Tuesday, September 20, 2011

Facts are stubborn things

Those famous words are the utterance of our second president, John Adams. On the opposite end of the spectrum, and barely at that, lies our current inhabitant of the White House, who, on Monday, stated "Middle-class families shouldn't pay higher taxes than millionaires and billionaires." So, are the rich taxed less? Well, Stephen Ohlemacher of the AP did a little fact checking, and the data he found tells quite a different story than Obama's claims:

On average, the wealthiest people in America pay a lot more taxes than the middle class or the poor, according to private and government data. They pay at a higher rate, and as a group, they contribute a much larger share of the overall taxes collected by the federal government.

There may be individual millionaires who pay taxes at rates lower than middle-income workers. In 2009, 1,470 households filed tax returns with incomes above $1 million yet paid no federal income tax, according to the Internal Revenue Service. That, however, was less than 1 percent of the nearly 237,000 returns with incomes above $1 million.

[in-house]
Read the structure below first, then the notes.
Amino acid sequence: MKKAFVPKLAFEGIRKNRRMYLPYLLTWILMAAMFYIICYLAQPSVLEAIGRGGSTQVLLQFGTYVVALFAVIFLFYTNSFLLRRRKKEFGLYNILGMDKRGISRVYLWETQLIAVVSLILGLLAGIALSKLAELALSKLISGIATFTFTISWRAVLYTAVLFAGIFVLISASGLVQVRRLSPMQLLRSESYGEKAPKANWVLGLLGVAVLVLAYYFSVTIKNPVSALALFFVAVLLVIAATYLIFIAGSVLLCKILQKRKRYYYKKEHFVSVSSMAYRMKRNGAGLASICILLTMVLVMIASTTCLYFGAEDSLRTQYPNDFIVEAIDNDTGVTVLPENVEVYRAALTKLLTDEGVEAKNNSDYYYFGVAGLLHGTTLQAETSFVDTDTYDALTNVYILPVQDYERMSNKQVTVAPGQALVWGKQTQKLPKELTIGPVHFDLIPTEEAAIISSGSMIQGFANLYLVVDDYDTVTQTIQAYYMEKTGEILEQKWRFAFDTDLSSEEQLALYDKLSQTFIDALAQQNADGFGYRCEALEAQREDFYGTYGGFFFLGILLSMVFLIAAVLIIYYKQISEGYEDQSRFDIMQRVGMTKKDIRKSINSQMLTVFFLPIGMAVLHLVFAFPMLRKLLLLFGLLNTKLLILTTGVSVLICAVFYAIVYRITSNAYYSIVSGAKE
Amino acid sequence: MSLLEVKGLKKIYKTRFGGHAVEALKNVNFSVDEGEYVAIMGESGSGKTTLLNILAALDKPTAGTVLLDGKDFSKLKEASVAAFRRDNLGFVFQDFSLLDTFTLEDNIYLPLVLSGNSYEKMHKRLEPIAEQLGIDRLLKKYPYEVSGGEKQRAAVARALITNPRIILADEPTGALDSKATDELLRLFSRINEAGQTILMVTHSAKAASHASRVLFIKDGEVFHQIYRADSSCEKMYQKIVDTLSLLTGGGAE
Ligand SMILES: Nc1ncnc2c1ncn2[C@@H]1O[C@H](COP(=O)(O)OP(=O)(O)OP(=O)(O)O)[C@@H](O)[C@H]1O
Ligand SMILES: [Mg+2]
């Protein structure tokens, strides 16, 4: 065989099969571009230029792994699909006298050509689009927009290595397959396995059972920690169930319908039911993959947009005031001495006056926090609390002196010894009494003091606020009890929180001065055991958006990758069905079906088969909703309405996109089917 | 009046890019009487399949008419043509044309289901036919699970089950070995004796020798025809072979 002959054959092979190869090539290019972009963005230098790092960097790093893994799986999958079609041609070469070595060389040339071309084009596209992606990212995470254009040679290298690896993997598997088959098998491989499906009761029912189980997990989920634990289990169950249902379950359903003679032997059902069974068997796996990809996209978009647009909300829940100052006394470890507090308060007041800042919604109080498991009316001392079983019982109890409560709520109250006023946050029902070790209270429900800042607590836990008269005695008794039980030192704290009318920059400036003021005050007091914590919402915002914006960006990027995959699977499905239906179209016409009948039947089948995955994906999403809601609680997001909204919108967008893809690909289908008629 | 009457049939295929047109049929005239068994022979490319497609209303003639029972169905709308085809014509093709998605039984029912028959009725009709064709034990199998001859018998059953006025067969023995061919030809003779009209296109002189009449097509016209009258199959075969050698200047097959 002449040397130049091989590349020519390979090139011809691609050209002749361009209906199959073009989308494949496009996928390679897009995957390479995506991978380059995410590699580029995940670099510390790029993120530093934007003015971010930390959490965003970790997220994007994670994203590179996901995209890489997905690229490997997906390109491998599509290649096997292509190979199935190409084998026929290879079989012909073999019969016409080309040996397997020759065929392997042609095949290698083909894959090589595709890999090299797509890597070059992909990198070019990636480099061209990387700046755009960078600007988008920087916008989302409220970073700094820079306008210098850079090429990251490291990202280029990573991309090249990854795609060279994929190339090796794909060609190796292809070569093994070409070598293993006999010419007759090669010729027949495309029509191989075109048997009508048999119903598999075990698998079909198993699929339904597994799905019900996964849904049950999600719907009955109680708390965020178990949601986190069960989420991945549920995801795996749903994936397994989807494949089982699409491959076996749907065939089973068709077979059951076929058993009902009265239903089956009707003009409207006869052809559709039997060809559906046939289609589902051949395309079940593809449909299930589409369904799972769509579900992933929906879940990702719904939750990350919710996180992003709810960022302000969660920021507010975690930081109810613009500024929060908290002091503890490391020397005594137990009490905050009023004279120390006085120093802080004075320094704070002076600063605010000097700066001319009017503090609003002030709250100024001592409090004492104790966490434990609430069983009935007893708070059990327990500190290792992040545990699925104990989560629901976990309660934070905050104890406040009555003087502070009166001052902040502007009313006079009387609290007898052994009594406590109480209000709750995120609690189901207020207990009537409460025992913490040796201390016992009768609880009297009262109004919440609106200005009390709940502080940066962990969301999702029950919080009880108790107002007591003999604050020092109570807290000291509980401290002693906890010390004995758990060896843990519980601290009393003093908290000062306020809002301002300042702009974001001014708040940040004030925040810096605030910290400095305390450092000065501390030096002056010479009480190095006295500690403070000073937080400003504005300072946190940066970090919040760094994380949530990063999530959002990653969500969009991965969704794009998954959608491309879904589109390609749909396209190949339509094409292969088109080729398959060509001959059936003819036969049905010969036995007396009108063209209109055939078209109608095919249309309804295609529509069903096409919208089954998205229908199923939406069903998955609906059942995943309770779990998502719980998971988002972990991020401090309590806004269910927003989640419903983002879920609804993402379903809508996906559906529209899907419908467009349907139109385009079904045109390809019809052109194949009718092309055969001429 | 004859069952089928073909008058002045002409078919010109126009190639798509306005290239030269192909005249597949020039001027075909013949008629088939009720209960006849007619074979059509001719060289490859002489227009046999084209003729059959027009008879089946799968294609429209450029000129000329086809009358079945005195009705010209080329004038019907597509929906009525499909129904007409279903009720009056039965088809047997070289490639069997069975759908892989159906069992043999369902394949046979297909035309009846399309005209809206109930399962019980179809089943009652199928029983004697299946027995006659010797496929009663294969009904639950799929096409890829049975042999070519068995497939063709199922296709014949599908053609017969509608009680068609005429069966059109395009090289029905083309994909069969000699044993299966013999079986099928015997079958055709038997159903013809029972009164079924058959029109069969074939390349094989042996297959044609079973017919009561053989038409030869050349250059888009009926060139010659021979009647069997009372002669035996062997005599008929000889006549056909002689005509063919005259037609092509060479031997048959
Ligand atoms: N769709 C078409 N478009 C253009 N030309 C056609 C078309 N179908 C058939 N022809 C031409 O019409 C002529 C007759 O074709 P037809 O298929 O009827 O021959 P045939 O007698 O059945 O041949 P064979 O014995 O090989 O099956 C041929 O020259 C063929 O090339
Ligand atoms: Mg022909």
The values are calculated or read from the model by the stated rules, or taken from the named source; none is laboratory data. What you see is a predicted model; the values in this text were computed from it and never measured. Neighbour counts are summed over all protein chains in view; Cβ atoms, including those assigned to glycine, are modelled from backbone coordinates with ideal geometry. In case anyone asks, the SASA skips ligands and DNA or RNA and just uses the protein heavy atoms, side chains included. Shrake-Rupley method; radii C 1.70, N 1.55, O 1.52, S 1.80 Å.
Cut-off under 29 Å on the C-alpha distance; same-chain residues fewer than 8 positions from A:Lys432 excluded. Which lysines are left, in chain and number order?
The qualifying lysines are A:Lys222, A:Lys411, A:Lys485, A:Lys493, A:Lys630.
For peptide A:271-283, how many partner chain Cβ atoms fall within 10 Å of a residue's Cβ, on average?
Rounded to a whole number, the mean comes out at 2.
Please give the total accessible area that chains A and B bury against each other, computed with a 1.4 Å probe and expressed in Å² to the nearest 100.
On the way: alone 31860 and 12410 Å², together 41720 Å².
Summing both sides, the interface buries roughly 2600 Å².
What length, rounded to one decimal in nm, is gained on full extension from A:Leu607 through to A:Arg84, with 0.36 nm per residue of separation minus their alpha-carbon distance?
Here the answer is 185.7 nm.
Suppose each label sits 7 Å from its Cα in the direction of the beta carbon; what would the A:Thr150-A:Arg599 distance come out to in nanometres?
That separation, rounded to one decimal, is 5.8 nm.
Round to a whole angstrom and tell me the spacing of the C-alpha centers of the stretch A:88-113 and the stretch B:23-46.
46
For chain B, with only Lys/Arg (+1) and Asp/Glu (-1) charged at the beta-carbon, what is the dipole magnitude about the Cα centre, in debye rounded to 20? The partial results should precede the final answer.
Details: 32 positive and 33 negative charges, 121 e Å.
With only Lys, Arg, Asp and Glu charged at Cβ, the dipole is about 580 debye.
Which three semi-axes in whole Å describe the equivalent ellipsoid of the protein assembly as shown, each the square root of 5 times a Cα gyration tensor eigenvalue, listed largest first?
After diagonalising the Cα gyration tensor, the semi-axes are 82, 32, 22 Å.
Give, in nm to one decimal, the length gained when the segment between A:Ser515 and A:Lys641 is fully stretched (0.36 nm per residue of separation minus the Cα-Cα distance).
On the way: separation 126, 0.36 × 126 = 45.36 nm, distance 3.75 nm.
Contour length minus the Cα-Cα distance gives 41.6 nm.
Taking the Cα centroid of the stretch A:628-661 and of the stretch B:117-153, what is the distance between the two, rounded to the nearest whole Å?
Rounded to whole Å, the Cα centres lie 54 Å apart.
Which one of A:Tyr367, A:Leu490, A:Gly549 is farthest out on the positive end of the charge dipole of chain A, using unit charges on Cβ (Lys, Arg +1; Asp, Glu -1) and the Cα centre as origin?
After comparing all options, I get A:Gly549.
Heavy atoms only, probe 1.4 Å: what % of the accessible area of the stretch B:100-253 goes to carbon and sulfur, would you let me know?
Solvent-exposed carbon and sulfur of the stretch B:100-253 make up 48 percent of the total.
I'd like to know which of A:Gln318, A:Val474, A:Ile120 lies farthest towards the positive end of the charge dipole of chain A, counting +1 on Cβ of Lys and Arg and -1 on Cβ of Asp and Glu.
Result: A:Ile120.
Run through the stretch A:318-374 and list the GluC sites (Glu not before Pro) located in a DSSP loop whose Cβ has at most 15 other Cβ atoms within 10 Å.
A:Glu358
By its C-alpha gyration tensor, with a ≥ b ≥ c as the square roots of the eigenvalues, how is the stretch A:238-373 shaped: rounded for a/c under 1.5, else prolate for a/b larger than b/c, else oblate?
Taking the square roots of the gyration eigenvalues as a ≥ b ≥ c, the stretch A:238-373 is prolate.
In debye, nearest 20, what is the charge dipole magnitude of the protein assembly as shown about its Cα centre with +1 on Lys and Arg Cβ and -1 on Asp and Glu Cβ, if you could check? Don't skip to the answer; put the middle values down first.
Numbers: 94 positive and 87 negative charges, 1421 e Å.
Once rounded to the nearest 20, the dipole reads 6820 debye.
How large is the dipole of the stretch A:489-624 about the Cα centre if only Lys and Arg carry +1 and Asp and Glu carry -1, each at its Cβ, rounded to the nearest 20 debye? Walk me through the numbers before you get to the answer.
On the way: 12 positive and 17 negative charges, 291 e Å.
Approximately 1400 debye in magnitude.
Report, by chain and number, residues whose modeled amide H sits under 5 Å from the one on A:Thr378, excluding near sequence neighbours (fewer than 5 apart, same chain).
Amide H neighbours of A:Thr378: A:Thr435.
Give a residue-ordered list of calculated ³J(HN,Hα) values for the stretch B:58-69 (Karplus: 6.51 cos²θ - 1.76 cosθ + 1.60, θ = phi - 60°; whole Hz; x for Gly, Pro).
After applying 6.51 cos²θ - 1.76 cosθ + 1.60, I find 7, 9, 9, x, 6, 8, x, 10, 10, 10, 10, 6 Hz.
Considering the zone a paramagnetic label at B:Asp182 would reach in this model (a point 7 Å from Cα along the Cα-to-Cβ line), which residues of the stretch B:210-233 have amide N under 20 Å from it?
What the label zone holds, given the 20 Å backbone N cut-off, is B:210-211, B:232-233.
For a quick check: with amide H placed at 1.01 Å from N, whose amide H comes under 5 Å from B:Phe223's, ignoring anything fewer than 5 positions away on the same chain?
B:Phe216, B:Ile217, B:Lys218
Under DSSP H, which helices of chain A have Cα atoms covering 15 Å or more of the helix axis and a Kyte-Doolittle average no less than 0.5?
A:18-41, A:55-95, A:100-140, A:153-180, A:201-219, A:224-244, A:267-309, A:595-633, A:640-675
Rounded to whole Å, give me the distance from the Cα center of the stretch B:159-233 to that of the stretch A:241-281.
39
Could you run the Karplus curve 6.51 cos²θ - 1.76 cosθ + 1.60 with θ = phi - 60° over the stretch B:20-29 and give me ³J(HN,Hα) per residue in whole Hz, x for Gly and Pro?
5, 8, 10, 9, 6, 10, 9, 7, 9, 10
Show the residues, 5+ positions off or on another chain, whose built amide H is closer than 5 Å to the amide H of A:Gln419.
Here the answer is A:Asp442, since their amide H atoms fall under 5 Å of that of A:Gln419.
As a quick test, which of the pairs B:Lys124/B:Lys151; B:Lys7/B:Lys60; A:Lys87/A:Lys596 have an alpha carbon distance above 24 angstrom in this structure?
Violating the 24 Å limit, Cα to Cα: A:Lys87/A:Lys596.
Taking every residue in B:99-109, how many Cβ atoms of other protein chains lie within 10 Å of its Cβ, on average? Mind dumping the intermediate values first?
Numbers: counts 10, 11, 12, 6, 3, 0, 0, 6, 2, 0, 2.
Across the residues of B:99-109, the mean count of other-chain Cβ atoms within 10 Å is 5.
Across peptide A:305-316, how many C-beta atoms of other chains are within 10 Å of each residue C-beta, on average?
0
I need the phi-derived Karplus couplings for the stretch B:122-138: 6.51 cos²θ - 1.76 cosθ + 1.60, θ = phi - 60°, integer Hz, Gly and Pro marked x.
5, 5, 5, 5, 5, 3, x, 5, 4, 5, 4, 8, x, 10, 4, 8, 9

Ohlemacher goes on to explain how those households making more than a million do indeed pay higher federal taxes, including income & payroll taxes, than lower income households. Here's this year's tax brackets on wages:

over $1 million @ 29.1%
$50,000 and $75,000 @ 15%
$40,000 and $50,000 @ 12.5%
$20,000 and $30,000 @ 5.7%

2009 figures show similar variations: $1+ million @ 24.4%, $100,000 to $125,000 @ 9.9%, $50,000 to $60,000 @ 6.3%.

Here's where Obama blurs distinctions: wages vs. investments!

Obama's claim hinges on the fact that, for high-income families and individuals, investment income is often taxed at a lower rate than wages. The top tax rate for dividends and capital gains is 15 percent. The top marginal tax rate for wages is 35 percent, though that is reserved for taxable income above $379,150.

Seems as though Obama has miscalculated a bit and jumped the shark with his 'Buffett Rule'.  However, Obama doesn't want the distinction between wages and investments understood or explained.  His bets are hedged on emotional responses against the rich over understanding that wages and investments are different entities and are treated, or taxed, as such. In fact, investments are double taxed at both the corporate and personal levels!  What Obama and Buffet are advancing is the notion of now taxing investments even more, which I alluded to in last night's post, because not only are the rich an easy target, but confiscating more wealth is the statist thing to do.  Rile up, or manipulate, working voters, while guilting the wealthy.  But they didn't count on the stubborn facts of the matter.

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